Allies of ousted Thai premier Thaksin Shinawatra on Monday claimed they had enough support to form a coalition government, after falling short of a majority in the first polls since last year's coup.
The People Power Party (PPP), which has promised to bring Thaksin back from his self-imposed exile in Britain, looked set to win 232 of the 480 seats in parliament, according to an unofficial count of all the ballots.
Analysts had forecast protracted hard bargaining with the smaller parties that won seats, but PPP secretary general Surapong Suebwonglee said they already had the support needed to form a government.
"Other parties have agreed to join a coalition, which would give us more than half of the seats in parliament," Surapong told reporters, but declined to name their future partners.
The generals who toppled Thaksin's twice-elected government have made little secret that they want to keep supporters of the self-made billionaire out of power, after trying for more than a year to erase his legacy.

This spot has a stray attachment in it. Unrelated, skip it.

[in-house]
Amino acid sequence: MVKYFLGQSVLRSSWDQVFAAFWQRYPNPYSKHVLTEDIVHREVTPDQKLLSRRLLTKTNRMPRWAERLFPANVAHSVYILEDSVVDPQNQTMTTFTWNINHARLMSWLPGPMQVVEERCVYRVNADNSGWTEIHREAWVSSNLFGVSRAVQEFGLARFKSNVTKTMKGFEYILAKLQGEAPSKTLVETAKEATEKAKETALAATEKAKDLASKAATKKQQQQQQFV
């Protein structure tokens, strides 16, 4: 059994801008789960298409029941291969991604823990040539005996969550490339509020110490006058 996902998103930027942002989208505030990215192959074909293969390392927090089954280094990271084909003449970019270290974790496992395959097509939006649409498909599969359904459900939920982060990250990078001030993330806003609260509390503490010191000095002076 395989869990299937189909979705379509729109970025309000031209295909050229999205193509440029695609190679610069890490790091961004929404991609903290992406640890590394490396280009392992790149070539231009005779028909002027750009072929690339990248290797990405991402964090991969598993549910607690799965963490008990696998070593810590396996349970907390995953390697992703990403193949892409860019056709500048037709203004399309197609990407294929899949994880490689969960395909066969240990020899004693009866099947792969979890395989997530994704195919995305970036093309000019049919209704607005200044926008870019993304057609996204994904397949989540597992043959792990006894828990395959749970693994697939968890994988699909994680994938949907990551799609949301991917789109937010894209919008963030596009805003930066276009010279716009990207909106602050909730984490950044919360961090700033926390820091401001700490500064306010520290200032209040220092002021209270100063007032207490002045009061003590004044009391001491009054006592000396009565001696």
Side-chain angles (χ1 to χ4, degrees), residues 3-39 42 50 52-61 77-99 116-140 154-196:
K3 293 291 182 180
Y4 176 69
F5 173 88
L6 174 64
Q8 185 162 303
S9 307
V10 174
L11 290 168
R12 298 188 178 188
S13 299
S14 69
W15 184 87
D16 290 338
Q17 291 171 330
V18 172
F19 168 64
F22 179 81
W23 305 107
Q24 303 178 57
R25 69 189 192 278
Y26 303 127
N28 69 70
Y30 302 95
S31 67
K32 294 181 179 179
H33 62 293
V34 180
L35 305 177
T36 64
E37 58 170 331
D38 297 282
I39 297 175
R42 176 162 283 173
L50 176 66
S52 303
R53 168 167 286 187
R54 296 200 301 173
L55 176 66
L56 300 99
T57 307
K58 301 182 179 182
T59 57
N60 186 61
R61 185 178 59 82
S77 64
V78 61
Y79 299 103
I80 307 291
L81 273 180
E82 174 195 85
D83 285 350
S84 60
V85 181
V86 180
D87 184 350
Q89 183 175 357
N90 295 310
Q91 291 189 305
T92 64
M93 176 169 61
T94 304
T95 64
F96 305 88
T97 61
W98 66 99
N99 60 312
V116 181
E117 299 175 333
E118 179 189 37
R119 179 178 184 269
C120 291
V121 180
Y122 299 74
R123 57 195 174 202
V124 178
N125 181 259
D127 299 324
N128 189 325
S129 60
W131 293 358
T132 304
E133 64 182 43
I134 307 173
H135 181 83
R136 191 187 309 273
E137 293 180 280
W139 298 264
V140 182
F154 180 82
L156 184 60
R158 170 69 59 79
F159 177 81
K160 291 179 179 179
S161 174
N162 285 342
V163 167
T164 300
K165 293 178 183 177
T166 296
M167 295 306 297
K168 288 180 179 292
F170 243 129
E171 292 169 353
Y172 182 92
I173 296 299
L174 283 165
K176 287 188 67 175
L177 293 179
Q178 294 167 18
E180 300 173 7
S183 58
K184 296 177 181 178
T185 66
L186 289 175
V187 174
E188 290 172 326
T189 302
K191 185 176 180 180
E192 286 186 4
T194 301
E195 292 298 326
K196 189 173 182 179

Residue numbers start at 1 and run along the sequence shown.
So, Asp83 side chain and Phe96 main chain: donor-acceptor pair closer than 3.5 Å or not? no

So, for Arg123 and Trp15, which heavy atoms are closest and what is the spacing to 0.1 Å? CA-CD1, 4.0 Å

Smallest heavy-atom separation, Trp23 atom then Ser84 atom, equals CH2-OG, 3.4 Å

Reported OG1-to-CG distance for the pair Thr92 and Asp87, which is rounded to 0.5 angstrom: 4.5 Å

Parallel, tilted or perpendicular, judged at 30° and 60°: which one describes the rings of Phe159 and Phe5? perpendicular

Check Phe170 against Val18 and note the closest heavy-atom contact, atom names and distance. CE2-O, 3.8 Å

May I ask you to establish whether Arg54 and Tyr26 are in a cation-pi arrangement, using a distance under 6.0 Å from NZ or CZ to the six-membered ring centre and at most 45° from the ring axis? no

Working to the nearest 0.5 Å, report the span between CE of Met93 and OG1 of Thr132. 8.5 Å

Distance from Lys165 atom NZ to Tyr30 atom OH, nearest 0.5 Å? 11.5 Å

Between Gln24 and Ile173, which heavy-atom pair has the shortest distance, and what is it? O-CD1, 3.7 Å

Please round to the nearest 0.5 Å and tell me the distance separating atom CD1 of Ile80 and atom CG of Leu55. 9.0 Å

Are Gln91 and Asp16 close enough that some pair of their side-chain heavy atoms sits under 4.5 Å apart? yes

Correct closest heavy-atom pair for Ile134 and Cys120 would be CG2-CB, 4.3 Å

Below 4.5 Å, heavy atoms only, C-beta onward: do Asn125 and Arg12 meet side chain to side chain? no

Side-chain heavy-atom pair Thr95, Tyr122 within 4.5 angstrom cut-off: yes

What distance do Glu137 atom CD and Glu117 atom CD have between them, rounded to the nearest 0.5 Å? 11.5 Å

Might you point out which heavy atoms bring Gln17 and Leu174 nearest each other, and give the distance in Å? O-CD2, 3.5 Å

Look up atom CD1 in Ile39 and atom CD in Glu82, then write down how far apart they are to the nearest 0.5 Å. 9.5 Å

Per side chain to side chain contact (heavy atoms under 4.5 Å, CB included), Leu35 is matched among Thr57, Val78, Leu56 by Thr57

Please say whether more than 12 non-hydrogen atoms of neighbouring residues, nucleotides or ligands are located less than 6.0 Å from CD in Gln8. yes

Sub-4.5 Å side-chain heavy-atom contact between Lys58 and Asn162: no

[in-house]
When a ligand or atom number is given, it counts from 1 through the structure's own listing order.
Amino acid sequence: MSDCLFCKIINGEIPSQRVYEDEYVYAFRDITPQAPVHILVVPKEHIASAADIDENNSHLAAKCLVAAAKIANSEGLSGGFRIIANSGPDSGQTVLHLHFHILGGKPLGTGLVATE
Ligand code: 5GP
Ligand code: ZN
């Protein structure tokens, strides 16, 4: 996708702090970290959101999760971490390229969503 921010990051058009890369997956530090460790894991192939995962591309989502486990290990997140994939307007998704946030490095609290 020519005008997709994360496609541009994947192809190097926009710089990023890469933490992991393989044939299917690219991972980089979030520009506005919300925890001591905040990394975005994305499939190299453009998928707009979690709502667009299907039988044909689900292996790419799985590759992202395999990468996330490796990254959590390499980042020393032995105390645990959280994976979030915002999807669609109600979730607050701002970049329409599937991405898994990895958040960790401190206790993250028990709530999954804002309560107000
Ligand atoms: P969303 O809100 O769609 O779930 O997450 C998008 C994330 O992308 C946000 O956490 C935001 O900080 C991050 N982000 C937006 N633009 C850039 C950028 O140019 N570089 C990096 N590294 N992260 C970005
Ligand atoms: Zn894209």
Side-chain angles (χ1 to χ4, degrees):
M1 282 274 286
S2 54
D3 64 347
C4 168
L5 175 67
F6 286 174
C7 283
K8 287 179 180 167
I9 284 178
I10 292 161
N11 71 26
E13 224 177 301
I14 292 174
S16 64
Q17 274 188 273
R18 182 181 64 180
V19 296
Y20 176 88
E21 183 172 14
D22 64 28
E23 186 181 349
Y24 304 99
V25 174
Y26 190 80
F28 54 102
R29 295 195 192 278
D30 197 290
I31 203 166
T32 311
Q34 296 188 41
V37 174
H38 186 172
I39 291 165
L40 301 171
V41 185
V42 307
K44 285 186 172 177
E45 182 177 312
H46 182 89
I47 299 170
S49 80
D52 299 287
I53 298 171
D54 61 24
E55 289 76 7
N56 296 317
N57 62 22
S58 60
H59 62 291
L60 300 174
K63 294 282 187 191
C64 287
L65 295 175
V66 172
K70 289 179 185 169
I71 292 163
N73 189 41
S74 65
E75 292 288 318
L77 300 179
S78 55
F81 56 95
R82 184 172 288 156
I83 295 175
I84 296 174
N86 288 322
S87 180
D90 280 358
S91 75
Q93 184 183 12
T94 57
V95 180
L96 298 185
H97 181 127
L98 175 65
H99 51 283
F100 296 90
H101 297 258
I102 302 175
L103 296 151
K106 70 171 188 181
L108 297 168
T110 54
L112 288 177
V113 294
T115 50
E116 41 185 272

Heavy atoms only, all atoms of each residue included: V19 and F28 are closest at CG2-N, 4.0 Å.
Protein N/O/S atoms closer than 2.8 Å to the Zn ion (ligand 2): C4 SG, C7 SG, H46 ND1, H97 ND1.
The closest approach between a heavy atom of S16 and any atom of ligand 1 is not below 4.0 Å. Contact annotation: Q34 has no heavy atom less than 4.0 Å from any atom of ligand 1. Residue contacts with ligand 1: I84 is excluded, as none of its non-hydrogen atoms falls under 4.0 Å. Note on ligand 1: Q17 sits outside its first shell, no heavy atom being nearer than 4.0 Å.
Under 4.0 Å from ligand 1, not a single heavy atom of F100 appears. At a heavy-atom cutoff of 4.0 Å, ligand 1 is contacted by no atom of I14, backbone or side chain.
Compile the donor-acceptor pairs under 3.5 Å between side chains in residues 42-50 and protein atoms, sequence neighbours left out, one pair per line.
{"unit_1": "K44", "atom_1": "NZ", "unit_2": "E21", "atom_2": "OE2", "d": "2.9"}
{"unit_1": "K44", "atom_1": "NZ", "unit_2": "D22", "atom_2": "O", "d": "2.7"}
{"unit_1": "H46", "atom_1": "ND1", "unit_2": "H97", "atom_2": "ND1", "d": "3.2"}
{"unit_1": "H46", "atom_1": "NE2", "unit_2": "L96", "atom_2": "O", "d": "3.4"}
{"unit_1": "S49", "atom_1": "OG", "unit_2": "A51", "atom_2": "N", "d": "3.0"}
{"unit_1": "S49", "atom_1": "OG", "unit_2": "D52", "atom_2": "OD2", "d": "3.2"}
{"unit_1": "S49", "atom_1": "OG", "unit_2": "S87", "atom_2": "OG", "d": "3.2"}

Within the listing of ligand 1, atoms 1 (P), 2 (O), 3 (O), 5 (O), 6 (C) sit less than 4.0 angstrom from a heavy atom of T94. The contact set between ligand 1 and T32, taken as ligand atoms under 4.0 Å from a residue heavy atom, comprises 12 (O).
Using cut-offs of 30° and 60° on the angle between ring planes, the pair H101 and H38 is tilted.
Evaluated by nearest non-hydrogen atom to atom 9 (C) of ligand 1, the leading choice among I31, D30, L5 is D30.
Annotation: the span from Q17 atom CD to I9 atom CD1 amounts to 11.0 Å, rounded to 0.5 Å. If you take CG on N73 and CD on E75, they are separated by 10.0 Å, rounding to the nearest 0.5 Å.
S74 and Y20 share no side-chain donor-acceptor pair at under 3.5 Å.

PPP leader Samak Sundaravej declared late yesterday he would become the next prime minister "for sure", but his failure to win an absolute majority has forced him to woo small parties to form a coalition.
The PPP's closest rival, the Democrat Party, was set to win 165 seats, the Election Commission said, with five smaller parties dividing up the rest.
Democrat leader Abhisit Vejjajiva has refused to bow out, saying he was prepared to form a coalition government if the PPP fails to do so.